Sweden takes over the Presidency of the Council of Ministers next year, but Tobias Billström seemed equally interested in the informal cooperation that is happening within what is known as N5. When the Baltic countries are also invited it is known as NB8.

A year ago, the Nordic Council began evaluating the 1962 Helsinki Treaty. It has been called “the constitution” for the Nordic cooperation and is being amended as Finland and Sweden (most probably) are gaining Nato membership.

Many Nordic enthusiasts also see this as a chance to sharpen the treaty text to say the countries not only “desire” to cooperate in certain areas but that they “shall” do it. Defence policy should of course be added as an area of cooperation.

But should the Nordic Council also get its way with the creation of a Council of Ministers for Transport? This was a decision that was taken already in 2018. The cooperation ministers could only promise yet another review which is due to be published in February and which will be considered during the Nordic Council’s special session in April.

Erling Eidesgaard

Erling Eidesgaard från Färöarna. Foto: Stine Østby

Another sensitive issue is whether the autonomous regions’ status should be upgraded.

“For 45 years, the Faroes have been knocking on the door; we want to become fully-fledged members of the Nordic cooperation, but we are not allowed to play with the others. We are like The Little Match Girl; we are outside looking in through the windows into the living rooms, into the warmth, where the five real members are allowed to be,” said Faroese Erling Eidesgaard from the Nordic Green Left Alliance, and continued with even greater pathos:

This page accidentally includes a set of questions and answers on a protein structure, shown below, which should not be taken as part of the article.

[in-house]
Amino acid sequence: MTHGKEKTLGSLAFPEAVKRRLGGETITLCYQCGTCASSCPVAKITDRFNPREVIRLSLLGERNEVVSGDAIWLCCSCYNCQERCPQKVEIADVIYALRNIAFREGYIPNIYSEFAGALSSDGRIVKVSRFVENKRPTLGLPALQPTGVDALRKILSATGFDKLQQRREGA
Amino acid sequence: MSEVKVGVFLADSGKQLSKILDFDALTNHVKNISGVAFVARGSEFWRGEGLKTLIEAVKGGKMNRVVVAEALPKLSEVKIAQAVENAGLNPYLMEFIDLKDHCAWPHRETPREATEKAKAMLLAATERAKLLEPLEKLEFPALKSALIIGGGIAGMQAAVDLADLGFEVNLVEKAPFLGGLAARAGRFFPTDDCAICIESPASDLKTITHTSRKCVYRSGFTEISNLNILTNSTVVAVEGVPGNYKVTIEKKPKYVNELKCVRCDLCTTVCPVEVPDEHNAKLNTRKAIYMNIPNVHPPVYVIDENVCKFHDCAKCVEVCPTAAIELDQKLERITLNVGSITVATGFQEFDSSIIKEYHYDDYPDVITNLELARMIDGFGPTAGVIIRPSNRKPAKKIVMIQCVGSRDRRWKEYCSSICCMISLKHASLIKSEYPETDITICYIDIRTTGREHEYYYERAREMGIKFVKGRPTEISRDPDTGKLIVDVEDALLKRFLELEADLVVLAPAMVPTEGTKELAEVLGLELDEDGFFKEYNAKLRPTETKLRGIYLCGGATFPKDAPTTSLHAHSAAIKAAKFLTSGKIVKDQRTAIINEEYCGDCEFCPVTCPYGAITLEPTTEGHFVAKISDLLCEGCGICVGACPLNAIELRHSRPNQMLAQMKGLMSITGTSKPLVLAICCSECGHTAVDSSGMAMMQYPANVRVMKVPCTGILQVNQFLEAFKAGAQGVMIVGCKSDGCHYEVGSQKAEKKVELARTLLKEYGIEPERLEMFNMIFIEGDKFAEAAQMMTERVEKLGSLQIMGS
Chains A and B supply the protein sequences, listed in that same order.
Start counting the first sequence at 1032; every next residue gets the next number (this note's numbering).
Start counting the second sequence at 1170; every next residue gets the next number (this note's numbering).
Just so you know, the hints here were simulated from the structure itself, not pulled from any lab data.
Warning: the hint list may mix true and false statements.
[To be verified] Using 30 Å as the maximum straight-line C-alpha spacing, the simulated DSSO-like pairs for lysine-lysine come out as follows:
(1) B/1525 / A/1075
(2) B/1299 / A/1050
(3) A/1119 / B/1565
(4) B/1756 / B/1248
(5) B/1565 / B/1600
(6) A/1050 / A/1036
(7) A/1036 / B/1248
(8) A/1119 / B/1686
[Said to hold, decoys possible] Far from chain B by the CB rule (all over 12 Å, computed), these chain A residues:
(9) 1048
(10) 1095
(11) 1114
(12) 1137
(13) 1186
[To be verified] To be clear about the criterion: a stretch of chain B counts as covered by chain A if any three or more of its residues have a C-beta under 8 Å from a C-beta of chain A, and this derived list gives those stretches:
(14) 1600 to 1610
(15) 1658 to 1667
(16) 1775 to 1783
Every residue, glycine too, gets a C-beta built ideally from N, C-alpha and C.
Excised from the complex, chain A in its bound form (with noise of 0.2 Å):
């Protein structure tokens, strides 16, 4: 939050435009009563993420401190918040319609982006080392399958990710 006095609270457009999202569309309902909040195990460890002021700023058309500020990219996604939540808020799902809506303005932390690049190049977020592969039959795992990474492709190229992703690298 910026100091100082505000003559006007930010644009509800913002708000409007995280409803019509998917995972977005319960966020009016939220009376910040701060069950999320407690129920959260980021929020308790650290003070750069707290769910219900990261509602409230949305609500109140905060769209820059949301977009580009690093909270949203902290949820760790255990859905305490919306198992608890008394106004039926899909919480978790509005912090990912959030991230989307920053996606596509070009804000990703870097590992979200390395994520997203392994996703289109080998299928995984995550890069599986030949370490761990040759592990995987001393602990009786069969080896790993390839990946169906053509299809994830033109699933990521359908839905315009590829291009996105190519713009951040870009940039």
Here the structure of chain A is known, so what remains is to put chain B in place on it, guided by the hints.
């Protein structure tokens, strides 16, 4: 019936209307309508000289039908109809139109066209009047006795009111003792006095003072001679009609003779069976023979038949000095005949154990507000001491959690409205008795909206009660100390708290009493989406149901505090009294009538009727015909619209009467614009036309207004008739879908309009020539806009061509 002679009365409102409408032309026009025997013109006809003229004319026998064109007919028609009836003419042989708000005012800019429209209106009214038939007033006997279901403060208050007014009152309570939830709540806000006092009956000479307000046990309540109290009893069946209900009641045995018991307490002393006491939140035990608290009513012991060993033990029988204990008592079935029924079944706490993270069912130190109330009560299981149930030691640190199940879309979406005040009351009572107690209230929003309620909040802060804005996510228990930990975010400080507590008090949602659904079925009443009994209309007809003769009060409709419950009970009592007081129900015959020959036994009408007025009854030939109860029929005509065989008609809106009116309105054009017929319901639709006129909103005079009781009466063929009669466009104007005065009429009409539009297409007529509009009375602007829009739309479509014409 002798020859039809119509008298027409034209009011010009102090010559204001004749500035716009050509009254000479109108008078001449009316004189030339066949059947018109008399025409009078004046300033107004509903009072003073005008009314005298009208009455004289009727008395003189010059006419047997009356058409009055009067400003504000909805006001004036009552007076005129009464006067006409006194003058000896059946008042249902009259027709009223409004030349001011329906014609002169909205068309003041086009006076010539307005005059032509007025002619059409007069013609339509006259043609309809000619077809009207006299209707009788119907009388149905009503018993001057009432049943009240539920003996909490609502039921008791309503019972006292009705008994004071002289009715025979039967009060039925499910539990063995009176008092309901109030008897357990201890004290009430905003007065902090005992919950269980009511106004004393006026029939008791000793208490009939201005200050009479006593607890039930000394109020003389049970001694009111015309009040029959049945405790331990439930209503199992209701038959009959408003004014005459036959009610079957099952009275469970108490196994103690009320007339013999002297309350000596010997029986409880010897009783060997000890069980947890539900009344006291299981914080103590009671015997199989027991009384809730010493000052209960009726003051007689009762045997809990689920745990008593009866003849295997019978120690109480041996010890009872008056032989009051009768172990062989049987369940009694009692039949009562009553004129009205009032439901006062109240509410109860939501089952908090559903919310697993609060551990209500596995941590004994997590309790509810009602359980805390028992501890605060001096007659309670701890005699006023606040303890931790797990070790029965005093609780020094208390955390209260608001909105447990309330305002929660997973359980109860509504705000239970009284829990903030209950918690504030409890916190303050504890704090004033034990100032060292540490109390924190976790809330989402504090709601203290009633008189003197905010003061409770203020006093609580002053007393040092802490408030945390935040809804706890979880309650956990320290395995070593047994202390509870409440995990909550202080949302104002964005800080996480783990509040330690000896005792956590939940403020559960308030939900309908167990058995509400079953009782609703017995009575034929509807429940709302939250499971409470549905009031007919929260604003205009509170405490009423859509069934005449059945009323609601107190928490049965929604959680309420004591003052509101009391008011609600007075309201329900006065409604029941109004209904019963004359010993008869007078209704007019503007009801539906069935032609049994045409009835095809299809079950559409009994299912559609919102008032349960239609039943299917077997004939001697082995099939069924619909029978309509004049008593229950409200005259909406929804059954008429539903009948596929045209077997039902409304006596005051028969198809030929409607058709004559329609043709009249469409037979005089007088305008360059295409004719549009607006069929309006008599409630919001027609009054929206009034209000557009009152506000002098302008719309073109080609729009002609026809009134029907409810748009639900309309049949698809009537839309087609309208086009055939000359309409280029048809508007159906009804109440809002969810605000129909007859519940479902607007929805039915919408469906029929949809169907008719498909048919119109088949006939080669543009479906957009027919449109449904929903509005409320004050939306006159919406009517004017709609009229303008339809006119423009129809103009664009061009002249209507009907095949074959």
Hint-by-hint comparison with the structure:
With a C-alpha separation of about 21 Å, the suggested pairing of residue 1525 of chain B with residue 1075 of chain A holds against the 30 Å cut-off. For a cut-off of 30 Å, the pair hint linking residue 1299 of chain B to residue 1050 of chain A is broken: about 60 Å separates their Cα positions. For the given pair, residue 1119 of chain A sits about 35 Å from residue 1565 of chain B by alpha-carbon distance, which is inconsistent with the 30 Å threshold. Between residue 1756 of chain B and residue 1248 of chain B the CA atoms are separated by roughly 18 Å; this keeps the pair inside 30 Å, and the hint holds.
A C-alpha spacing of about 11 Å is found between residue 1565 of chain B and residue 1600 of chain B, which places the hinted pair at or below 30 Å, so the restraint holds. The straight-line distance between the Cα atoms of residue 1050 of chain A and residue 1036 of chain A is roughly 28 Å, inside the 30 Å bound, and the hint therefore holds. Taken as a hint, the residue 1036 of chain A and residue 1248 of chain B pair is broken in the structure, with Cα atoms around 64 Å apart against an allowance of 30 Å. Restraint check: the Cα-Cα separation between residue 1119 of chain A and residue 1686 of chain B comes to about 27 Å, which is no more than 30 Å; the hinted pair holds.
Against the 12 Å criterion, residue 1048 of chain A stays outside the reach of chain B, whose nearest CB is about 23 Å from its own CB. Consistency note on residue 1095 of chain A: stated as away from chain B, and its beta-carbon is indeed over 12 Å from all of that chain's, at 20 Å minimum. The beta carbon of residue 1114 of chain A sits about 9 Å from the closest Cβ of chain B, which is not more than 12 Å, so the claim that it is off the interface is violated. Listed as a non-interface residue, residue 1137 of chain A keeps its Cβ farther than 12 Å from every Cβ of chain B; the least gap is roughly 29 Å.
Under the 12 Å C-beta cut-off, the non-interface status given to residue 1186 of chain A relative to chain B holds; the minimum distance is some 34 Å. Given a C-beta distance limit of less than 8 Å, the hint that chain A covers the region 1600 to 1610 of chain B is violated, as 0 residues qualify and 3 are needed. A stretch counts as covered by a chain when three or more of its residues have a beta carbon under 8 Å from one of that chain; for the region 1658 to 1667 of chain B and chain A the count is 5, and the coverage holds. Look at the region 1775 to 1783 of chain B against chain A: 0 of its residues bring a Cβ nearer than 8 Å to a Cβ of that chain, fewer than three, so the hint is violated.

“The Faroe Islands is a country, we are a people, we are a nation, and that is why it hurts when our Nordic friends strategically say we are nothing but a region. We are a country and we are kept outside. We have a lot to offer and a burning desire for full membership. We are knocking (and here he knocked on the rostrum): Listen to us, because we will not be knocking forever.” 

Mette Frederiksen

Prime Minister Mette Frederiksen. Photo: Stine Østby/

Denmark’s Prime Minister Mette Frederiksen used her speech to present unexpectedly clear support for full membership for the Faroe Islands and Greenland. 

“The Nordic cooperation must also develop. We must never get stuck in what we have and what we have always done. That is why I recommend that both the Faroes and Greenland gain a stronger position in the Nordic cooperation."

Sweden, however, remains uncertain whether reopening the Helsinki Treaty is a smart move.

“From the Swedish perspective, I am quite clear that I do not see the need to invest effort, time, and money in reviewing the Helsinki Agreement. It has served us well,” she said.

“I believe we should focus on our mandate, namely to make the Nordic region the world’s most integrated region. What a renegotiation would mean for EU cooperation I do not know, but that would be a complex issue we would have to take into account.” 

Jessika Roswall

Sweden's Minister for European Union Affairs Jessika Roswall is also the Minster for Nordic Cooperation. Photo: Stine Østby/